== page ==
- Posts: 1164
- Joined: Thu Dec 11, 2008 2:45 am
- Title: Guy Who Knows Just Enough To Cause Trouble
After getting the first three working and burning very steady and bright, I remembered that there was ni 288 rebuild tutorial on the CCF. Now there will be, albeit it will be a bit abbreviated compared to the other tutorials. The other ones have all of the basic cleaning and check valve information. Some of that stuff comes standard after rebuilding a few lanterns.
This pictorial will also apply to the 282, 285, 286, 290 and 295 Coleman lanterns as all are very similar
The project is rebuilding a 1987 Coleman Model 288:
Remove the ball nut, vent and globe.
Then, remove the heat shield.
Next, loosen the generator jamb nut and the burner frame hold down nut.
Now remove the U clip.
Lift off the burner assembly.
Remove the valve wheel by removing the valve wheel screw. This could be standard or cross head.
Remove the frame rest (collar)
Next, we need to remove the valve assembly from the fount. The easiest way to do this is to put the valve in the jaws of a bench vise. The vise does not need to be tight.
Twist the fount with both hands. This may take a little bit of effort, but the valve should come loose. Once it is loose, remove the fount from the vise and remove the valve assembly by hand.
The valve assembly:
Next, remove the feed tube assembly from the valve.
Next, we will remove the much loved schrader valve from the top of the feed tube. This is done with a schrader valve removal tool. Easily purchased at a bicycle shop.
The schrader valve in the removal tool
Now that the schrader is out of the pick up assembly
...if you have an air compressor with a rubber blow tip, use it to blow out the fuel pick up tube.
My camera sucks for close up photos but on the fuel pick up tube, there are two small holes. One is near the top and is square in shape and the other is round and on the side near the bottom. If you blow through the tube, you should feel air escaping from both of those holes. It is easier to determine the holes are open with an air compressor.
Inside the bottom of the valve is the valve block. It may or may not come out while you are working on fuel pick up assembly. Just be careful not to lose it. If it does come out, make sure it goes back in correctly.
Be sure to clean the fount with either gasoline or do the BB dance to get it clean inside.
First, put the schrader valve back inside the fuel pick up tube. Just snug. Do not over tighten.
Then screw the fuel pickup assembly onto the valve.
The clean fount is now ready for the fuel valve assembly.
I apply a little Permatex 2 to the threads of the valve assembly before I install it on the fount. Be sure to clock the valve assembly over the Coleman decal. Make sure the valve is tight. If you have to go around one more revolution to get it tight, that's okay.
Next, put on your frame rest (collar).
Well crap! Actually, what should have happened next, and you need to do this only if it feels like your valve turns to easily, is to tighten the packing nut just a little.
Okay, next put the frame bottom on the valve assembly and collar.
Next, install the generator.
Now put the valve knob on and the screw that holds it on. Be sure to clock it correctly with the off and on settings.
Before we proceed, put some fuel into the lantern. Pump it up about 50 strokes. Now open the valve all the way. You should here air escaping from the generator. Give it a good 30 or more seconds and you should see fuel streaming or pulsing from the generator. If you see it, great! If not, you may have crud in the fount.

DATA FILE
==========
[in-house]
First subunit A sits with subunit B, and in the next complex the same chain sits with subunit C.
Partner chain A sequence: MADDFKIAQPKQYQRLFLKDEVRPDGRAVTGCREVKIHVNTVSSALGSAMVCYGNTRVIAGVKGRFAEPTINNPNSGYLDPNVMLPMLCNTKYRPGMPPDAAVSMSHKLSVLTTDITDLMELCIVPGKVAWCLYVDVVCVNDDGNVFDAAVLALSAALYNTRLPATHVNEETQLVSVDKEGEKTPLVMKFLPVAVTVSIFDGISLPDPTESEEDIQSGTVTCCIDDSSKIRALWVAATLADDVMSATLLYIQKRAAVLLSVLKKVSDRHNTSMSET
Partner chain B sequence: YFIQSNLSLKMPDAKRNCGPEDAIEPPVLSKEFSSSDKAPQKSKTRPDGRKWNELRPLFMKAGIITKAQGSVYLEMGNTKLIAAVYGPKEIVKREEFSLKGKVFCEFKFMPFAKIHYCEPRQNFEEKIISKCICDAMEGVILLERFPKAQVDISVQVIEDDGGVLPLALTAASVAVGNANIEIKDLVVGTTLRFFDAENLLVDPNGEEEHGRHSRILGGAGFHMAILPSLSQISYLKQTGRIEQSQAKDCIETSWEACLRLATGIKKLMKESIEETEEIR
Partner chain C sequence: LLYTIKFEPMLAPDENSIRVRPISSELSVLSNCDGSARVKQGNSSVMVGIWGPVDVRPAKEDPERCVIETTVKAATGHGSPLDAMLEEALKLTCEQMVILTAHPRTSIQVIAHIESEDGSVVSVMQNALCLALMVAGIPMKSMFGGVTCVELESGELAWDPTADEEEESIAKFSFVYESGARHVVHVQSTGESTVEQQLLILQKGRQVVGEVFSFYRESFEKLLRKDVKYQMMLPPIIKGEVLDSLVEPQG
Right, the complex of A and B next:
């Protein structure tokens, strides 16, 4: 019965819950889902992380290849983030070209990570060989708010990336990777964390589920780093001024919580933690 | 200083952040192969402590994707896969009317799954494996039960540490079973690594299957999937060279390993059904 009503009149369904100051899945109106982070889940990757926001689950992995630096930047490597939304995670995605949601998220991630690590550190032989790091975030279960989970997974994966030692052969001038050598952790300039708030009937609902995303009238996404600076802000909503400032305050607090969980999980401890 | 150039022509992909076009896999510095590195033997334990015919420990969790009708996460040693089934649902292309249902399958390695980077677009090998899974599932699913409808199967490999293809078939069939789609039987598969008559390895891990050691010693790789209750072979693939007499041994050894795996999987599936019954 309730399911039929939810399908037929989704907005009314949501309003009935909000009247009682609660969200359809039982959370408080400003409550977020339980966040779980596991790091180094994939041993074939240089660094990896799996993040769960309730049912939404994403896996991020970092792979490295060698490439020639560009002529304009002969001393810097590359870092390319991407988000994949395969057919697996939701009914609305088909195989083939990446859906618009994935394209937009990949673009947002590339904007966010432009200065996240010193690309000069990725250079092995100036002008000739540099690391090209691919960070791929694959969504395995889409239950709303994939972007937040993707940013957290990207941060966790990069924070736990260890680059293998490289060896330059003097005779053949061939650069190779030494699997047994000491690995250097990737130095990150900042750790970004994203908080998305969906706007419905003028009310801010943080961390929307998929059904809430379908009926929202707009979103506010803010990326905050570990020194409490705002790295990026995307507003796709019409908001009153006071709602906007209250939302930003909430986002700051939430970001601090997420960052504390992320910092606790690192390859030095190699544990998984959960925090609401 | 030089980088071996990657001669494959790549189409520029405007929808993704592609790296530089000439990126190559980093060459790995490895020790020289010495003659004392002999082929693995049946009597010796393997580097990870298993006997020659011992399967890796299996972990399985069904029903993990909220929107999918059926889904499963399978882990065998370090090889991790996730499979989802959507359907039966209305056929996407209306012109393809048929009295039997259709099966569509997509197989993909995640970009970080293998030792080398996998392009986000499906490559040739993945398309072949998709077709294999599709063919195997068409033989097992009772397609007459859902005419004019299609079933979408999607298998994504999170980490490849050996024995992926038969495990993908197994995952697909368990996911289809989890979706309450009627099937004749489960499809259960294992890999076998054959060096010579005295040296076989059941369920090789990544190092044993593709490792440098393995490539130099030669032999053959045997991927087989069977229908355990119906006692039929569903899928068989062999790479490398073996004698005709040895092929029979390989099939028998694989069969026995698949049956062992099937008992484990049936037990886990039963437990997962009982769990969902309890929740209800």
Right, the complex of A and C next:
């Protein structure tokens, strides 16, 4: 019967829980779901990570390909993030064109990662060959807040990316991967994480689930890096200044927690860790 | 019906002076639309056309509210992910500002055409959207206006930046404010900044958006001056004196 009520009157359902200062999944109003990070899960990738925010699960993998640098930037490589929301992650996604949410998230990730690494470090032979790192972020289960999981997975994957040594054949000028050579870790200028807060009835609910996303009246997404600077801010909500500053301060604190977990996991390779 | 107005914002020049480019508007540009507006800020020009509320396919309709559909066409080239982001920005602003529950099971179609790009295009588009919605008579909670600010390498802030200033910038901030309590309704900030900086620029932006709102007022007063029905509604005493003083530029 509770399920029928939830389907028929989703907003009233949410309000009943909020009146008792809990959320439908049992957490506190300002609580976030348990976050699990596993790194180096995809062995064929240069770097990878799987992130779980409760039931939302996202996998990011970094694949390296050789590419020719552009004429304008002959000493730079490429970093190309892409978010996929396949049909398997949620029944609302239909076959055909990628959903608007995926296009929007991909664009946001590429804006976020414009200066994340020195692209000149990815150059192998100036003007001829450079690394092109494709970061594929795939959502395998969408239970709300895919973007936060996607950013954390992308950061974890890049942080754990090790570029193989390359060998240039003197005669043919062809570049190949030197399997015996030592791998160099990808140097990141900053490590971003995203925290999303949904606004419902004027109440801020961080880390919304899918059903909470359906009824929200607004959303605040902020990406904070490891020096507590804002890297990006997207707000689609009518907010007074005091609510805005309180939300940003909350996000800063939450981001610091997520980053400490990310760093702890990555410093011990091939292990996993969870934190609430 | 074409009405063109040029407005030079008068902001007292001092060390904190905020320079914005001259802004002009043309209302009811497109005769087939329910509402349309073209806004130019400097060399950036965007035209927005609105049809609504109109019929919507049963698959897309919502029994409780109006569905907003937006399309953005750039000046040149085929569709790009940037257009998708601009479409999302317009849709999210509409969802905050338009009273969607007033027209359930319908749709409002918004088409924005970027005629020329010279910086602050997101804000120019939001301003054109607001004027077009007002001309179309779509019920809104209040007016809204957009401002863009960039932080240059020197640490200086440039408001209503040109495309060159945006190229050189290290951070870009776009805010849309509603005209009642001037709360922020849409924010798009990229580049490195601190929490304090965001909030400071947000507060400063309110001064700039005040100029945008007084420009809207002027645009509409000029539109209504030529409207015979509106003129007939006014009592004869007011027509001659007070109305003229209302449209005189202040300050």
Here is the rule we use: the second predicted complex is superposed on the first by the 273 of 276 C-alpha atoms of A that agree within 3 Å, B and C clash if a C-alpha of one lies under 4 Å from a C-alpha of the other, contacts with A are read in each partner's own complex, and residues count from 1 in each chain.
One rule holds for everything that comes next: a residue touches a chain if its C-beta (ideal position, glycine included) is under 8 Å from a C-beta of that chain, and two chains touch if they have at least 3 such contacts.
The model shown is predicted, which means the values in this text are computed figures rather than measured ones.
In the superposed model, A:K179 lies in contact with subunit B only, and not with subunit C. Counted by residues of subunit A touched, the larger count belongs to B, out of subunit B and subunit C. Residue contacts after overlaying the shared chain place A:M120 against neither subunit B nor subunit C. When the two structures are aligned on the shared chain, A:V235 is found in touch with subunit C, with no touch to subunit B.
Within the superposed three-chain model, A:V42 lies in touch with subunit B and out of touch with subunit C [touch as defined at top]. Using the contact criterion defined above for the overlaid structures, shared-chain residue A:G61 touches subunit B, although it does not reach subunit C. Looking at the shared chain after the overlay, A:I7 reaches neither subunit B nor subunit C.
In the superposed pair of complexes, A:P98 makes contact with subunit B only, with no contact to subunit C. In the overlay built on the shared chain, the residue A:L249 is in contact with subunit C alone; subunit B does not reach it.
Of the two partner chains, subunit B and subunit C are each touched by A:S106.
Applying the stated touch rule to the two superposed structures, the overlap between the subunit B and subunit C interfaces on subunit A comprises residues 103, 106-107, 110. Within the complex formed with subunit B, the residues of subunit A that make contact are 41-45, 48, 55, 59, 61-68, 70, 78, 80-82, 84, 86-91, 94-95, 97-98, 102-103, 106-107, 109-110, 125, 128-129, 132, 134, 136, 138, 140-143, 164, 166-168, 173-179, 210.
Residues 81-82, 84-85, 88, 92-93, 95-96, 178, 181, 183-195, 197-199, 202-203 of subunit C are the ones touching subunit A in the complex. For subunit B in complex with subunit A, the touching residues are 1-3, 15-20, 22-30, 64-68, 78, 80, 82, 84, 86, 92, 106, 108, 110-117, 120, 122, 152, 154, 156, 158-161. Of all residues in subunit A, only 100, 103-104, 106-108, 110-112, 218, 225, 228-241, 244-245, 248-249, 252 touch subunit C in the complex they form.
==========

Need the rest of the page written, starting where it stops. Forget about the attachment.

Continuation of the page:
If you have no air coming out of the fount when you open the valve, you either have no pressure or perhaps a clogged generator.
Next, put the burner assembly on and then the U clip. You may need to loosen the generator jamb nut to get the burner frame
nut tight. Once you have done that, be sure re-tighten the generator lamb nut.
Since I buggered up the old mantles, new ones are installed. Once burned off, the rebuilt 288 is ready for action!
These lantern are fairly easy to tear down and rebuild. The four below were all done inside of two hours total. All now burn bright & steady with little or no pulsing!
Hope this helps a little !
I will leave this here for a few days and then move it to to How-To Forum.
Name: Murff ICCC Member #726
Coleman Blue's 243's #002 Ebay Handle: Happy-campers2
EX-ICCC Newsletter Editor & Full time Coleman Addiction Enabler
Part-time Idito and Hater of Turd 275s
If a person has to take the valve out of the fount, since that is the most work you can
do to these, I suggest they replace the schrader valve with a new one, or replace the
complete fuel pick up, which includes the schrader. The whole tube is only about $4.
Good work on the write up, Murff!
ICCC #1220. 275 commiseration #0018.
"In Him was life, and His life was the Light of men." John 1:4
for all but experienced maintainers that can do this in their sleep, you have the lantern apart and removing the schrader risks distorting the seals on it. putting a new schrader in almost certainly ensures that your lantern won't have the schrader leak.
and secondly, you should have one on hand before you begin, in case the schrader is buggered when you remove it.
they are cheap at OCP and just add one or two to your next order from Mike
MILSPEC_OPS & 275 Appreciation Syndicate Member #9999
In Search of (ISO): evidence of a 220/228 series lantern dated 2/63
Good stuff Murff, thanks.
"...Good people pass away; the godly often die before their time. But no one seems to care or wonder why. No one seems to understand that God is protecting them from the evil days to come." Isaiah 57:1-2
Eye-SEE-C-C Member #1333 -- MilSpecOps #003
"Michigan - from the Ojibwa word “meicigama,” meaning “great water.”
I keep my tools sharp...but my mind sharper!
CANADIAN BLUES Member #023
Mil-spec ops #1982